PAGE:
An Ember in the Ashes
by Sabaa Tahir (April 2015)
Recommended for fans of:
* Fantasy worlds that are dark but not graphic
* Female friendship in difficult circumstances
* Casual Roman history mixed into a fantasy world
* Complex relationships to read as friends OR romance
When Laia’s brother is arrested for treason, Laia is forced to make a decision. In exchange for the rebels’ promise to rescue her brother, she will become their spy, as a slave at Empire’s greatest military academy.
There, she meets Elias, the school’s finest soldier, and secretly, its most unwilling. Their destinies are intertwined. In a brutal world inspired by ancient Rome, their choices will change the fate of the Empire.
My result: Recommended
A Roman-inspired world
An Ember in the Ashes is a YA fantasy inspired by the Roman empire. As a Greek/Roman history nerd, I went into this book with a mix of dread and hyperactive glee. The Roman influences are obvious and not as deep as I would have liked, and I felt disappointed. At first. Then, I let go of my hunger for Roman history, and just let this be a fantasy story.
The characters swept me away. After a slow start, the intricate demands of friendship, obligation, and survival pull Laia and Elias in all directions. The characters keep the focus, while the world is left more as an impression than a concrete setting. Soon, my brain started to fill in whatever background details it needed, and I settled in for the ride.
An Ember in the Ashes also brings in mythological creatures from the lands conquered or colonized by the Martial Empire. Thus we get jinn and ifrits, from Islamic mythologies, instead of rehashed Greek creatures that sometimes pop up in Roman stories. The world building would be shallow for an original fantasy novel, but the historical inspiration allowed me to pull in enough details to make it feel complete.
As should be expected in a novel inspired by Ancient Rome, An Ember in the Ashes does contain slavery and brutality. The threat of rape is a constant, and one scene contains an assault that avoids rape only at the last moment. If that is a trigger for you, avoid this book. But the threat is not realized, and there are no graphic descriptions to endure. Likewise, there is violence, both as torture and in combat.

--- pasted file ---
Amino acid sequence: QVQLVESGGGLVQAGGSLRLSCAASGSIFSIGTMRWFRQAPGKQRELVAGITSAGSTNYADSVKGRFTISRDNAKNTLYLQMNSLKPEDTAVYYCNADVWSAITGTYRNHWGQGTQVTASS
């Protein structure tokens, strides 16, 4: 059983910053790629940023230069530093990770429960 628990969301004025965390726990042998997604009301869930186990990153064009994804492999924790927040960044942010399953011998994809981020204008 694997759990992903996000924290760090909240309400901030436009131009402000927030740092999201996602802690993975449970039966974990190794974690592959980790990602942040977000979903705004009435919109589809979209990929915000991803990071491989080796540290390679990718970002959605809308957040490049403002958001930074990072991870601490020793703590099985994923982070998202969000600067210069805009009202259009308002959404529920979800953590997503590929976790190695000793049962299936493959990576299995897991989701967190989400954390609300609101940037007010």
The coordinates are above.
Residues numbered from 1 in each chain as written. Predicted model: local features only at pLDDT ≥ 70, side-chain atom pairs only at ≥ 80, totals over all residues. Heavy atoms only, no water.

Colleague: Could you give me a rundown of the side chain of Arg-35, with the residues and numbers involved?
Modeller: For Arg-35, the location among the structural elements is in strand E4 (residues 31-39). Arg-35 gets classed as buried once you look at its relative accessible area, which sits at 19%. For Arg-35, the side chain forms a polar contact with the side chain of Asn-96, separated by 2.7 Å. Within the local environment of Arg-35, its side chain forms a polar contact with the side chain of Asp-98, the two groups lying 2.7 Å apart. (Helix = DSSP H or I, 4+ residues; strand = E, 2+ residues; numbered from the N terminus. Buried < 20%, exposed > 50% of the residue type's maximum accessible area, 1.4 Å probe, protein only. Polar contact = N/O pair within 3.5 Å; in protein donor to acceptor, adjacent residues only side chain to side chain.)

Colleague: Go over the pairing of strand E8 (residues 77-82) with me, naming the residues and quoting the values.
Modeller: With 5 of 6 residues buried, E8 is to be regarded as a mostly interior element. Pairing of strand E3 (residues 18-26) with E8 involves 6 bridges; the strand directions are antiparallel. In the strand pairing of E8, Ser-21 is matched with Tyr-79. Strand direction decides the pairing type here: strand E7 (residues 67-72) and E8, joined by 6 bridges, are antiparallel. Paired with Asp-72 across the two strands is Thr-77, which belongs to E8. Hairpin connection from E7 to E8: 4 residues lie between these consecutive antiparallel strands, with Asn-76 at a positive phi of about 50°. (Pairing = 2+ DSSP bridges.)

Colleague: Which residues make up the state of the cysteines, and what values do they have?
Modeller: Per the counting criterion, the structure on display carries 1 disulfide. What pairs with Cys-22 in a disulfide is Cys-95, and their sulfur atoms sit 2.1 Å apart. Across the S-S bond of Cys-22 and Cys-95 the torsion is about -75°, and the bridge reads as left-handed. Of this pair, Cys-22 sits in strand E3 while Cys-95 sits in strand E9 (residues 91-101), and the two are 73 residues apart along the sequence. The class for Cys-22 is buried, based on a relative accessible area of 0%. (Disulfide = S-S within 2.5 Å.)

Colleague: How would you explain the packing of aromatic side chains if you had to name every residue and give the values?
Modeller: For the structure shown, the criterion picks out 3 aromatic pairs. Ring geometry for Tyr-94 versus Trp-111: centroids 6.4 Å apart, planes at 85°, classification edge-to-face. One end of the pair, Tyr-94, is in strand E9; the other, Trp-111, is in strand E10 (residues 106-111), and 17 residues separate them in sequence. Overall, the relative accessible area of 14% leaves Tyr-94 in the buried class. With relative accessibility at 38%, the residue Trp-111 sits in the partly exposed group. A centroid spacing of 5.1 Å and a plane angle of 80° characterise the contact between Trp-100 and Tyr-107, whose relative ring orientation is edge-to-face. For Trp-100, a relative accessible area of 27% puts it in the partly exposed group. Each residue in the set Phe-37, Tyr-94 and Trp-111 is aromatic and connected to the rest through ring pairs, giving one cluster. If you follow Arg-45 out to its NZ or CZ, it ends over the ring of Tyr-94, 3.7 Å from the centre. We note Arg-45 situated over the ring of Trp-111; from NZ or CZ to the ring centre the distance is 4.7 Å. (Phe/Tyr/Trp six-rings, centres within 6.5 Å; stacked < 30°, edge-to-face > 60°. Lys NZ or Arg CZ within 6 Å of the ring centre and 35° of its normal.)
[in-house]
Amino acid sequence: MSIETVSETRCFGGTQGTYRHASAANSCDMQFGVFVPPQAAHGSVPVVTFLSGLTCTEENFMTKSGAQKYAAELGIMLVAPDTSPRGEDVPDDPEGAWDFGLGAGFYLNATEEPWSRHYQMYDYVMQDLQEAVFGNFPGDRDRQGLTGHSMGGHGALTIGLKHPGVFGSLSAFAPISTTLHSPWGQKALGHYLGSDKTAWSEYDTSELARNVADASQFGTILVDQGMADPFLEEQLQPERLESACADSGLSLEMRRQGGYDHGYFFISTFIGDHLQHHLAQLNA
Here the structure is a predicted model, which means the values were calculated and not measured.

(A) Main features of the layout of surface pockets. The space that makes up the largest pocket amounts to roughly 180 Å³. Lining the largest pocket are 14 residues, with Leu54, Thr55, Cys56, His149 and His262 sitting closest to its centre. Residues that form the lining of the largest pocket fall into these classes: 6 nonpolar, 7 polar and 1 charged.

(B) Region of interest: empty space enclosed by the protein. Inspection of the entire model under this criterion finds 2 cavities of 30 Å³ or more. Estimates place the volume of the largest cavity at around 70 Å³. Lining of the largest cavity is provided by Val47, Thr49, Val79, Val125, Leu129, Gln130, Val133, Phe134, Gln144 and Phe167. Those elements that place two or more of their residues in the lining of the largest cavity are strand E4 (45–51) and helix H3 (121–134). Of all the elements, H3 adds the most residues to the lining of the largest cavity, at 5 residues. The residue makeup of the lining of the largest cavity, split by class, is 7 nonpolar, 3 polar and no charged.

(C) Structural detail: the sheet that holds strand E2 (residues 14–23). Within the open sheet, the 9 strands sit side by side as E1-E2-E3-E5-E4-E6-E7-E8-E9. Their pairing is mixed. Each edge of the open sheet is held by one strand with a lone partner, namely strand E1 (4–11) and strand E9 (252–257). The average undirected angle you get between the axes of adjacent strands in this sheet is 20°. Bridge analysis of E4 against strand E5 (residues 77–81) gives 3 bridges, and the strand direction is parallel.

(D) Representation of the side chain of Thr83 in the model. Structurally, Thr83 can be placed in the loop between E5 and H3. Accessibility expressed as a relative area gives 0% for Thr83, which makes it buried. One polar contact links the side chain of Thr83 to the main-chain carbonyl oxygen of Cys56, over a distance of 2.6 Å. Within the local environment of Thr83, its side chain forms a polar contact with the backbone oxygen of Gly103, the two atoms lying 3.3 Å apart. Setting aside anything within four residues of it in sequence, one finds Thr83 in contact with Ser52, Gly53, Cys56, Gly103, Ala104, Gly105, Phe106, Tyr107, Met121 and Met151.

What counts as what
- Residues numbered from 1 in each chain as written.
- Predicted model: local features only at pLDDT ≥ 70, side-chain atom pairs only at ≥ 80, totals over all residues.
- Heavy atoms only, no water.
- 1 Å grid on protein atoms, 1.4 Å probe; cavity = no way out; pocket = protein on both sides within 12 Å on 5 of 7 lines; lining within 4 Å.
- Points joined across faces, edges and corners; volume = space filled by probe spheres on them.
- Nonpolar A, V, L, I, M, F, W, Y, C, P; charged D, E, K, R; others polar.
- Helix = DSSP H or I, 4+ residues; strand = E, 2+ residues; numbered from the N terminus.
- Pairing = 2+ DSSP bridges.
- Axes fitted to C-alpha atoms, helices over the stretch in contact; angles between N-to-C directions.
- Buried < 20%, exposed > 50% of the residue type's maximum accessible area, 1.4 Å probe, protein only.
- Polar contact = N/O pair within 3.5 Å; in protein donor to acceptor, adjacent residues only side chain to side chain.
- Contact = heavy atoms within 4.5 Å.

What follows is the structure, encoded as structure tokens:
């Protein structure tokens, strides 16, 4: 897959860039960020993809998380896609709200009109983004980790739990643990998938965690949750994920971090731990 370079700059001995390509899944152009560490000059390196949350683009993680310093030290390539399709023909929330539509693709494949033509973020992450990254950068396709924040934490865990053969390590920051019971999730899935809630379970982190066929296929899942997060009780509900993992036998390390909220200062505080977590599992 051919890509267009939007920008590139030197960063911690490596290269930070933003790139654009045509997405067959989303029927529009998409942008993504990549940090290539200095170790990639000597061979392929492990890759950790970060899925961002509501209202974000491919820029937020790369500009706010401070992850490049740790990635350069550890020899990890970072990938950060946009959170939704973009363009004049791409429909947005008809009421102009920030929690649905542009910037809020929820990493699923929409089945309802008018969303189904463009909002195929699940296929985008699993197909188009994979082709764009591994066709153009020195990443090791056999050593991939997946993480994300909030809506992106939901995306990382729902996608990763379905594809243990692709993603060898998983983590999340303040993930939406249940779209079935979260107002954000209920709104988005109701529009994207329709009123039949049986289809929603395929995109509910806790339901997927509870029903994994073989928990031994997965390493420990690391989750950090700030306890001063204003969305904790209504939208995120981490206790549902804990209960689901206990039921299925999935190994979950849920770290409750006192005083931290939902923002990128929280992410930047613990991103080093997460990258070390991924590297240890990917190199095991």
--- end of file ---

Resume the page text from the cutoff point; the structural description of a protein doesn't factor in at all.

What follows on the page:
Laia and Elias are at the center of a complex web of relationships. Many characters play an important role in their stories, and each is well developed. Their enemies are layered and interesting, and their allies even more so.
For Laia, there’s Keenan, who serves as her contact to the rebels. There’s Izzi, the kitchen girl, who risks her life for the sake of Laia’s friendship. And there’s Elias, the son of her tormentor, who shows her that not all Martials are evil.
For Elias, there’s Helene, his best friend and the only female warrior at the Academy. There are several fellow soldiers, trapped in the same system but without the vision to see another way. And there’s Laia, a slave who has yet to be broken. Elias can’t watch her suffer and do nothing.
Some readers treat those ally relationships as love triangles (squares?). To me, they felt like strong friendships. Sometimes circumstance reminds them that there could be more, and there’s a moment of confused awareness. But there doesn’t need to be a romance to be willing to put yourself at risk for someone else. It doesn’t have to be love to share a moment of attraction.
An Ember in the Ashes features a complex network of developing relationships and conflicting loyalties. I enjoyed watching both viewpoint characters weigh difficult decisions. No matter the choice, someone they care about is endangered by their actions. There is a moral weight to every decision, and consequences are painful.
In such a brutal world, it is a risk to care about someone, a risk to feel. That’s what makes An Ember in the Ashes well worth reading.
If you like An Ember in the Ashes
You might also enjoy:
- Red Rising – Roman inspired science fiction, with an interplanetary empire even Caesar would have envied. Read my review.
- Alif the Unseen – Urban fantasy in a Middle East setting. Alif is a completely different genre, but a good read if you’re looking for more jinn and non-European inspired fantasies. Read my review.
- And if you can’t get enough of Roman-inspired fantasy, make sure to check out my Greek & Roman Mythology Book List.